I grew up in the receding mists of the 60s. Because of that, and living with grandparents who survived the Depression, there wasn’t much time or thought given to extras. Presents came on Christmas and birthdays. Food was plentiful but simple. I didn’t know what McDonald’s was until I was in my early 20s. When I asked for a drink, I was given water, and if I asked for Hawaiian Punch, I in turn was asked, “What’s wrong with water?” Bread was always whole wheat, and peanut butter was always natural, the thick kind you had to stir together each time you used it. We took a lot of vitamins, mounded up in custard molds and handed out each day.
When I grew up, I found out that though I now had the choice, I disliked white bread. Fruit drinks seemed awfully sweet, and water suited me fine. I don’t remember the last time I ate fast food. I have a cabinet filled with vitamins, and every day I give my children their small mounds (I keep my eyes open in thrift stores for custard molds).
“Train up a child in the way he should go, and when he is old, he will not depart from it.” Proverbs 22:6
Now, of course I tried a few fast food burgers and soda. I drank some bug juice at parties. But in the end, my tastes were trained to enjoy wholesome food.
What does this have to do with classical homeschooling?
I was raised with readers. My parents’ friends went to exclusive prep schools and colleges. I remember as a child listening to their conversations and being in awe of how they saw the world and what they knew. They loved art and music, they played instruments, they enjoyed nature and were amateur naturalists. They had paintings and specimens on their walls.
When I was in high school, I was privileged to have English teachers who loved Shakespeare and literature. My sophomore English teacher read us the Prologue to The Canterbury Tales in Old English, and I was enchanted. My senior English teacher had us read books like The Brother’s Karamazov, Narcissus and Goldman, and Shakespeare. We did nothing in class but read and write. I was also given free reign of the art room – pottery wheels and kilns, stained glass, and paints of all kinds. We went to the Metropolitan Museum of Art and the Guggenheim. I saw Les Miserables on Broadway. In my archaeology class, I was able to actually throw a spear with an atlatl. I was also able to study music for eight years and grew to love classical music because I had to play it. Knowing what I know now, I am privileged to have had that in a public school. I wish every child in public school could experience that.
I lived in a town that had a private prep school, with granite turrets covered in ivy, greens where we would play frisbee, and waterfalls with bridges over them. I was a ‘townie’ but those ivy covered stone walls meant something to me. Even though I was receiving a decent education, I wanted even more. I know what that deep longing is now. It was the heady allure of Rivendell.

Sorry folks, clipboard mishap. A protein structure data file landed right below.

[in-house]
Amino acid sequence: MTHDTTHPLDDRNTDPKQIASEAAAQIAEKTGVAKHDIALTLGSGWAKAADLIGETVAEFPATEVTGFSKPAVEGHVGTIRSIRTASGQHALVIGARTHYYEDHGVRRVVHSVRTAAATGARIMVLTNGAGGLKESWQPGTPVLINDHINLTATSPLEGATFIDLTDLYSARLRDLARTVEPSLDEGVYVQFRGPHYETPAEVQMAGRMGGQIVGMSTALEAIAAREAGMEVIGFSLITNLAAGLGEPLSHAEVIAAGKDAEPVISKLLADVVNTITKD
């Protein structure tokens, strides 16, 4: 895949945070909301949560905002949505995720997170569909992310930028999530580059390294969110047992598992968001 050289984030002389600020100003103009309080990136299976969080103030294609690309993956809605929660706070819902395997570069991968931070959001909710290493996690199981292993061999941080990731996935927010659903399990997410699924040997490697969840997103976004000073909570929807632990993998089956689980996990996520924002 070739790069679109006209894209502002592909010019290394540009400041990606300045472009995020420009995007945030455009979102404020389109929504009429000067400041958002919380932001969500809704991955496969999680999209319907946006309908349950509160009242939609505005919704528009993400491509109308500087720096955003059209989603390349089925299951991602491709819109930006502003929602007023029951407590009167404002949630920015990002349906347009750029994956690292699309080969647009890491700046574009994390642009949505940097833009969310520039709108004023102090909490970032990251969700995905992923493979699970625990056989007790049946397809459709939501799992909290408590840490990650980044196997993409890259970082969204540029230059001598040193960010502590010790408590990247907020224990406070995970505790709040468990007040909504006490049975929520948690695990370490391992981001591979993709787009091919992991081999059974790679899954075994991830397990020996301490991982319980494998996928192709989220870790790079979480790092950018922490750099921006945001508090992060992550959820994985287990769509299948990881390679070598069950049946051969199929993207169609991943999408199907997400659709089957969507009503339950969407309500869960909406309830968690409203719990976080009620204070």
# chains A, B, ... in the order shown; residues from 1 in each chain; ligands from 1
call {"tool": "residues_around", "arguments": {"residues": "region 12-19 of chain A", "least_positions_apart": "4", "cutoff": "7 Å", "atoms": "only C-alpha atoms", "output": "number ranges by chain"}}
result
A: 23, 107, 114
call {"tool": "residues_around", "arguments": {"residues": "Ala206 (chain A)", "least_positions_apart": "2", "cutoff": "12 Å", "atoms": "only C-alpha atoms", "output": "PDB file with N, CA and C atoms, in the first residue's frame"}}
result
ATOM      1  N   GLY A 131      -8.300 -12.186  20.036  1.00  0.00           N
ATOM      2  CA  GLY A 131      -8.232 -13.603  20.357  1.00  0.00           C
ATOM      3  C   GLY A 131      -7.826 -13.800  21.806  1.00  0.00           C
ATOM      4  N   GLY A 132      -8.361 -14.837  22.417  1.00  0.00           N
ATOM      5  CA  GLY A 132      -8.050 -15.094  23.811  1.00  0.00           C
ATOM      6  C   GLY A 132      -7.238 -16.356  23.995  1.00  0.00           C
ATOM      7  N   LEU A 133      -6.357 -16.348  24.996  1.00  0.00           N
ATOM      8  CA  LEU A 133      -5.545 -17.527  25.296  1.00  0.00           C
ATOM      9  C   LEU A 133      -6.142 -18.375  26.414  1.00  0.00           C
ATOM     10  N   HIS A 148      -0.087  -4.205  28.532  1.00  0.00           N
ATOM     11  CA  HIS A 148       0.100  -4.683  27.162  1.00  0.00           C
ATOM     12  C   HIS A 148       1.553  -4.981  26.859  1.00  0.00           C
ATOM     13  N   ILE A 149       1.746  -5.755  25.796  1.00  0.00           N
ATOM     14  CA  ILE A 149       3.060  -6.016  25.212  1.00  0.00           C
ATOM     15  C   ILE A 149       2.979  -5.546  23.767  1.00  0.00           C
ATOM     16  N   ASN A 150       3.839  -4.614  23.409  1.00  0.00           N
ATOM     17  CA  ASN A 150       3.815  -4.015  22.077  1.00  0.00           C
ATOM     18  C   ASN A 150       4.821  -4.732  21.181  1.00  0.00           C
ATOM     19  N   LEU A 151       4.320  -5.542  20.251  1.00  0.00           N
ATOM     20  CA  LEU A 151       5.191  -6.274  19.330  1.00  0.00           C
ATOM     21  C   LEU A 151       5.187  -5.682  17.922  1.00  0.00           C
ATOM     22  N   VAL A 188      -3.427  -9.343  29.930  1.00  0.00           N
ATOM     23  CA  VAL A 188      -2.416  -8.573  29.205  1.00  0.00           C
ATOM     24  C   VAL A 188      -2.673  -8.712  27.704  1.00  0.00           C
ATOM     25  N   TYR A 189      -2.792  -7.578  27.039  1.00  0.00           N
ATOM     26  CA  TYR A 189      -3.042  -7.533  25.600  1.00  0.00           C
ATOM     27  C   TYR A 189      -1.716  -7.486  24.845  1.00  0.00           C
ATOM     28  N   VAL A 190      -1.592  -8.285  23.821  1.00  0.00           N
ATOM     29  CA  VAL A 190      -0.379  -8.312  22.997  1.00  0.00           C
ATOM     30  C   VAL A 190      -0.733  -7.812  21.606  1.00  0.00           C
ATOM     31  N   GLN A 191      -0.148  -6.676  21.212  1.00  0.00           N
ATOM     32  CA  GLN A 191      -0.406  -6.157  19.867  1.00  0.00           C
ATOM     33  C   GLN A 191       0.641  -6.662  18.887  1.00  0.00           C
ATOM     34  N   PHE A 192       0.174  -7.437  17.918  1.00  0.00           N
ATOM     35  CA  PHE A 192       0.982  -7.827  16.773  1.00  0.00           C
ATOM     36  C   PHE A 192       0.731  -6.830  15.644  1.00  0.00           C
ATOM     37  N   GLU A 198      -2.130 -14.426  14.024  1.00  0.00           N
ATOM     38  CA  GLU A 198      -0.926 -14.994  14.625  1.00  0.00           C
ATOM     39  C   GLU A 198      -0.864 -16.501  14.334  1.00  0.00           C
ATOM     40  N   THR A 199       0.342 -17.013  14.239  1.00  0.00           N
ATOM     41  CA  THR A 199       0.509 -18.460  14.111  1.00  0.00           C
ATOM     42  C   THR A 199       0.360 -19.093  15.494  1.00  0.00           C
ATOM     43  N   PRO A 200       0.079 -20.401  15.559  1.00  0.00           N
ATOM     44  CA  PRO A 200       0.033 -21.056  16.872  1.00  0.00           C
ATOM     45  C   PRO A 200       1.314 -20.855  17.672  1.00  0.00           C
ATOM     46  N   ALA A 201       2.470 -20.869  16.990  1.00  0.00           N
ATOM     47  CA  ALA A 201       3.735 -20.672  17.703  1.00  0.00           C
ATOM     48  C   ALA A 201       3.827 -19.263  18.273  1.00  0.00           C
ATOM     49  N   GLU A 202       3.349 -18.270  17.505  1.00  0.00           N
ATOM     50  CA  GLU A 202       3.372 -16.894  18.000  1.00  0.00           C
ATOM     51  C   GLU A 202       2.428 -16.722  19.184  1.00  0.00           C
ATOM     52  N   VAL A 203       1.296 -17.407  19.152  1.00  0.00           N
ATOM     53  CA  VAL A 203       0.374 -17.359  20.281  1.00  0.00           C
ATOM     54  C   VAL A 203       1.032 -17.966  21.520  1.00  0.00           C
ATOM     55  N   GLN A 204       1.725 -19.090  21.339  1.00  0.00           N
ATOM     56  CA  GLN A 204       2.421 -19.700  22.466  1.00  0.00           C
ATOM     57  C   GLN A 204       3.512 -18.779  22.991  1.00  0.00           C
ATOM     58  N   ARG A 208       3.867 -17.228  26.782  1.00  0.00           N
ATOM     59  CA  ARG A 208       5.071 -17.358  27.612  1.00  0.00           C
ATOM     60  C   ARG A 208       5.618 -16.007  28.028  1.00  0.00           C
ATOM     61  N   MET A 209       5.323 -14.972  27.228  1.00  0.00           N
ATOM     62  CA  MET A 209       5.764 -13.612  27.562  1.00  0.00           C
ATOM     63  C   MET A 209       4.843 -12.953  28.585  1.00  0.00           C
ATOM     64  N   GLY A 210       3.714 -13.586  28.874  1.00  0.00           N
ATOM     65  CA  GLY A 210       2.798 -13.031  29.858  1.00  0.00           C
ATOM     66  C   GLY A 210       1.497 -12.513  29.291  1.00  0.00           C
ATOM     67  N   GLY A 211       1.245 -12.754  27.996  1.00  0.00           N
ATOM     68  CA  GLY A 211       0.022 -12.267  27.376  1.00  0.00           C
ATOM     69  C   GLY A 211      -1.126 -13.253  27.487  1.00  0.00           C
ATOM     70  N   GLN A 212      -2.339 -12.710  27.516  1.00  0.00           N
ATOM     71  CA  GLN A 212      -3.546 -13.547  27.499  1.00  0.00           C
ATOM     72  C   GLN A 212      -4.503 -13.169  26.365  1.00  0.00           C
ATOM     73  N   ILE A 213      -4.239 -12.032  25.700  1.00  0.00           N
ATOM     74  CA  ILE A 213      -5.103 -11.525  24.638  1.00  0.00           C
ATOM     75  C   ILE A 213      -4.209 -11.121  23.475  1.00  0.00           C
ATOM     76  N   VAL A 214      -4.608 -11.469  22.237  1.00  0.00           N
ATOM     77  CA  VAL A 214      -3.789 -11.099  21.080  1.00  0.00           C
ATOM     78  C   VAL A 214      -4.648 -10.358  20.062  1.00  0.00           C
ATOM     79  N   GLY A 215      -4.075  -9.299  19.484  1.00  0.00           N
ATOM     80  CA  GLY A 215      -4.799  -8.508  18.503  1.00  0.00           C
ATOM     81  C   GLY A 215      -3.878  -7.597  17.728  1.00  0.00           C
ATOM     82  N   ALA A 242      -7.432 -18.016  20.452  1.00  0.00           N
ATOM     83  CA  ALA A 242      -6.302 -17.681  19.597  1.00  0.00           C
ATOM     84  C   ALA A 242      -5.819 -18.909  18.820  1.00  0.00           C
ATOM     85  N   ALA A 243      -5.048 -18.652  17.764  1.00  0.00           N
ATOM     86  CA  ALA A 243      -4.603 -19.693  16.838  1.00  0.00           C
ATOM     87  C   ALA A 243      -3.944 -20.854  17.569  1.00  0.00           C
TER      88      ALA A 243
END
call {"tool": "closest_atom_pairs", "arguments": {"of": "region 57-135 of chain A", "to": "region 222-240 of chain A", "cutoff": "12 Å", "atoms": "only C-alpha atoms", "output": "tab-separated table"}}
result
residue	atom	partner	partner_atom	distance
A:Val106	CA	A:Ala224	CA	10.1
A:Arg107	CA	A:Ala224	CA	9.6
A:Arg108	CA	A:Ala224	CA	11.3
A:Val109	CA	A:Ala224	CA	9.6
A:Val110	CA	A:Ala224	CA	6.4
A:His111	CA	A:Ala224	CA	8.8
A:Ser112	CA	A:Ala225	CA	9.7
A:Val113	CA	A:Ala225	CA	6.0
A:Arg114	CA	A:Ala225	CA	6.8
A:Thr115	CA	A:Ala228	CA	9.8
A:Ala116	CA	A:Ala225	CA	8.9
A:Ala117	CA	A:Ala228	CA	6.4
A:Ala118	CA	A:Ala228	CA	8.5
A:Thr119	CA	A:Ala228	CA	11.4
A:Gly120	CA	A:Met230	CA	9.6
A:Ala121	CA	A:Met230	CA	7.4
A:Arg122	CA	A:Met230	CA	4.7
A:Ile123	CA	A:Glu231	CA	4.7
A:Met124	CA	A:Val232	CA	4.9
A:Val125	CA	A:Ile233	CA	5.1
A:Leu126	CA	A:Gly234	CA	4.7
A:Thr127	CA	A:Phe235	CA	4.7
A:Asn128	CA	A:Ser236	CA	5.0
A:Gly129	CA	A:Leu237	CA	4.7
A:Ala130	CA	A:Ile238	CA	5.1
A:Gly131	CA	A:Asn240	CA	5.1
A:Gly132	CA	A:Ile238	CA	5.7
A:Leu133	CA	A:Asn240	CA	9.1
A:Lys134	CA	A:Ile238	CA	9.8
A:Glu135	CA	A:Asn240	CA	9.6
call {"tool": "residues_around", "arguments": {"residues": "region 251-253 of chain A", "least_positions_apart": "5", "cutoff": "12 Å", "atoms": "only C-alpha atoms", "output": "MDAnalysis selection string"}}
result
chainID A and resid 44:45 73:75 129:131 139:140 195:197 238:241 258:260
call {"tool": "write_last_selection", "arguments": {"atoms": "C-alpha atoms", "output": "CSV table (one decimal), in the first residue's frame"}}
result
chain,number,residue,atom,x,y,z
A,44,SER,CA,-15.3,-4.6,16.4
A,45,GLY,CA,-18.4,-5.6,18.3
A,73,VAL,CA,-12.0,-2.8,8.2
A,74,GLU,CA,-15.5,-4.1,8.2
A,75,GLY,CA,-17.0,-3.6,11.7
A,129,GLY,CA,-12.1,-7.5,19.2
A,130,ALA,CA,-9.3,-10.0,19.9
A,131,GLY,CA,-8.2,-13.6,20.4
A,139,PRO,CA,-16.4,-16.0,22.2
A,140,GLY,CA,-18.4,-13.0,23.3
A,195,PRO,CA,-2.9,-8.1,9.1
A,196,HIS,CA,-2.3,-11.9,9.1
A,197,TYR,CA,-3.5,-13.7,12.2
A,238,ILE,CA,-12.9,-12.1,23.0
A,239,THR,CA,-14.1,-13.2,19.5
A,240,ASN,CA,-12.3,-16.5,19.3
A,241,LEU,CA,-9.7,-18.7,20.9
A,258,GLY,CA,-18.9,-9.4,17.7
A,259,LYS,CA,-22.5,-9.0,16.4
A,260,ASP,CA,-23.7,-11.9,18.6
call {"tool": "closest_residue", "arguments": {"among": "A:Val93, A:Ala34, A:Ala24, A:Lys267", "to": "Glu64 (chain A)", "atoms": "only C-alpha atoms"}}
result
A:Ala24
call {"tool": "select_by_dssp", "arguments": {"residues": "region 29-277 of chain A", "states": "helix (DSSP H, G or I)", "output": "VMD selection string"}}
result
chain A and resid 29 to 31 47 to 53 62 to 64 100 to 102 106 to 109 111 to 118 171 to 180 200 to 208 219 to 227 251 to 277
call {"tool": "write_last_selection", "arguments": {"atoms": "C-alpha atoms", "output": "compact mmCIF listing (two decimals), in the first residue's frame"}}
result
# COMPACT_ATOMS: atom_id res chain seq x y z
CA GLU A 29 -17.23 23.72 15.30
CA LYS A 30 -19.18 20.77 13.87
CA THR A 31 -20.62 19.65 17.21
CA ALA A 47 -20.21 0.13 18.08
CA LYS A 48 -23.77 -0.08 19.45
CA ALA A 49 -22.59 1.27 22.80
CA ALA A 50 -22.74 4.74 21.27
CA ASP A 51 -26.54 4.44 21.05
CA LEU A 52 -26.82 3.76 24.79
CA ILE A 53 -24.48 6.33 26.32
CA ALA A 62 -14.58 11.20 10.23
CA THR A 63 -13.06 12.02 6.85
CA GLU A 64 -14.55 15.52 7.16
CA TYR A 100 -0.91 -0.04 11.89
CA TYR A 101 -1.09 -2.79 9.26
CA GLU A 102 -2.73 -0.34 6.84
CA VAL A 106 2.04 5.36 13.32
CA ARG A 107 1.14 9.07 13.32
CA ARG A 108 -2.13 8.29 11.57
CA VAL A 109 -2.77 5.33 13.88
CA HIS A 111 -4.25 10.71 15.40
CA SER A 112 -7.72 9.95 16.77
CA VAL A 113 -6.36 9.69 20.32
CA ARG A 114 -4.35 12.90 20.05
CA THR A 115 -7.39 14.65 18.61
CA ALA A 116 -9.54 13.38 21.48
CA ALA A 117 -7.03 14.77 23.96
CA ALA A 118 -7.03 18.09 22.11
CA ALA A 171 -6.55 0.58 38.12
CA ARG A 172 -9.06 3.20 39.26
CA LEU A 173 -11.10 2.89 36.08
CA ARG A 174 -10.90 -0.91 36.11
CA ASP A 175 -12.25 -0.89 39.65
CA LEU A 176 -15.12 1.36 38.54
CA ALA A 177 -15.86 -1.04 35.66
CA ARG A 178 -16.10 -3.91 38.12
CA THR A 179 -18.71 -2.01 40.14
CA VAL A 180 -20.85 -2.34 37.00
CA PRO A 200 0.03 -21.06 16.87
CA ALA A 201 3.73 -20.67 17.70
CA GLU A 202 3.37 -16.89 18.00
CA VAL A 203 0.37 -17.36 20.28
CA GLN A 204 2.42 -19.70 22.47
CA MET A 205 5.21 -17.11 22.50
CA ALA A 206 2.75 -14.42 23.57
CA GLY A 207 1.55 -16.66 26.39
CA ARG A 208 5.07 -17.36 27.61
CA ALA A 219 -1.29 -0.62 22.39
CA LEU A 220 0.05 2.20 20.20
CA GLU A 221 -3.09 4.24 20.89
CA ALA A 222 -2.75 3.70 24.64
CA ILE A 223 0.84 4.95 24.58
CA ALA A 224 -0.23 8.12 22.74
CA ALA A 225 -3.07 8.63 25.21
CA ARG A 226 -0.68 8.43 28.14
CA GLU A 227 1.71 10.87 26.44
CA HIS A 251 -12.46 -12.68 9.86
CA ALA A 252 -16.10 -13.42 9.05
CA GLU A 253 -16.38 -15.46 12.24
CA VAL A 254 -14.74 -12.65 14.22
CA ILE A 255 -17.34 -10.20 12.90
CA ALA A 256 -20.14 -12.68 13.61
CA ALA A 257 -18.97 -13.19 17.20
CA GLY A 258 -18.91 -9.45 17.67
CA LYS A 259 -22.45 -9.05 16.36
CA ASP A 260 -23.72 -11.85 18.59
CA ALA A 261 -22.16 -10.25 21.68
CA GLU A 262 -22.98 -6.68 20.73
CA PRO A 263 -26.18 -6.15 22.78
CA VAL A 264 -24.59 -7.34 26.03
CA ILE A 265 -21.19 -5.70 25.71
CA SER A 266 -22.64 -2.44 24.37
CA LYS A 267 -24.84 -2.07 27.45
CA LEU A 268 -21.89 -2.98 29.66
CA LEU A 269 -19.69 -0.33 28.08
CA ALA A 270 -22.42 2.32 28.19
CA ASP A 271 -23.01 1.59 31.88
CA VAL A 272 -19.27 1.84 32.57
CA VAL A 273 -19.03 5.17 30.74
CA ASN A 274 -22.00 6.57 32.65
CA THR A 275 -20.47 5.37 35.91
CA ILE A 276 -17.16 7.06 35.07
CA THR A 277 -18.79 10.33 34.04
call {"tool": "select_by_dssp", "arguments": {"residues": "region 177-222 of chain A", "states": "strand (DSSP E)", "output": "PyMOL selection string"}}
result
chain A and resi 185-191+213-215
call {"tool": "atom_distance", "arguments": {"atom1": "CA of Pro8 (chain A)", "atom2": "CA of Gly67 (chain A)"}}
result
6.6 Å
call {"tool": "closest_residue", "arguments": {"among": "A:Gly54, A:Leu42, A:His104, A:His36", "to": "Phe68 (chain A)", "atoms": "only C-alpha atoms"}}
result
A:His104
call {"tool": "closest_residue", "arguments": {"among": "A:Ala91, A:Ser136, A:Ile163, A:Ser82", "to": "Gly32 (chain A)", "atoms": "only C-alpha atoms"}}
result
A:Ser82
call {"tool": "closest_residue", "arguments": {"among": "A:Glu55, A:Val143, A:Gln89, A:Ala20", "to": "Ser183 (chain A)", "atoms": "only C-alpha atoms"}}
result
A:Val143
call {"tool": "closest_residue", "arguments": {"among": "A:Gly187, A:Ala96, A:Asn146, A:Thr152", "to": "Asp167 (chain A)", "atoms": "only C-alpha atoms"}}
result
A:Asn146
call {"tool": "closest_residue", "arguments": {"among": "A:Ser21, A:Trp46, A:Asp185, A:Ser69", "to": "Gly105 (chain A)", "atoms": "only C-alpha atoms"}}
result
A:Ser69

“This is what the LORD says: Stand at the crossroads and look; ask for the ancient paths, ask where the good way is, and walk in it, and you will find rest for your souls.” Jeremiah 6:16a
I had been brought up with truth, beauty and virtue, only I didn’t know it. I wasn’t taught what it was, but I was given the chance to experience it, to dwell in it, and it had made its impression on me.
When I pulled my son out of public school, I had no idea what other types of homeschool methods were available, but I wouldn’t have bothered to look at them anyway, I knew what I wanted, though I didn’t know the name of it. I also knew what I didn’t want, which is half the battle. I didn’t want what the public schools were offering. I had been trained up as a child, and I didn’t want to depart from it. I had only read a few Great Books, but I knew there were more. I had overheard heard those conversations as I fell asleep in Adirondack chairs, looking up at the stars. I wanted that and so much more for my children.
Now I spend my days giving them what I was only able to glimpse. I hope that they give my grandchildren more than they received. I determined to ask for the ancient paths – they were good, and I had walked for time enough to learn why they were good. They began before me, and they will go on far after I’ve left this earth. My great-grandchildren will have the opportunity to walk on them.
I chose classical because I see beauty in its transcendence. Because the ego, me, saw by grace that there was something bigger than I was, and we were offered to join with it. How could I refuse?
Briana Elizabeth has been at this homeschool gig since her 23 year old son was in 7th grade, and his psychiatrist told her that he had to be homeschooled. Her son never went back to public school that year, and the following year, she pulled her 4th grade daughter out of public school. Her five other children have all been homeschooled entirely. It was baptism by fire, but she wouldn’t trade it for the world. Through the years, she has in the end, not only educated her children, but herself, and homeschooling has brought about a whole paradigm change of living for her family. The education that had seemed only possible for the elite was possible through classically homeschooling.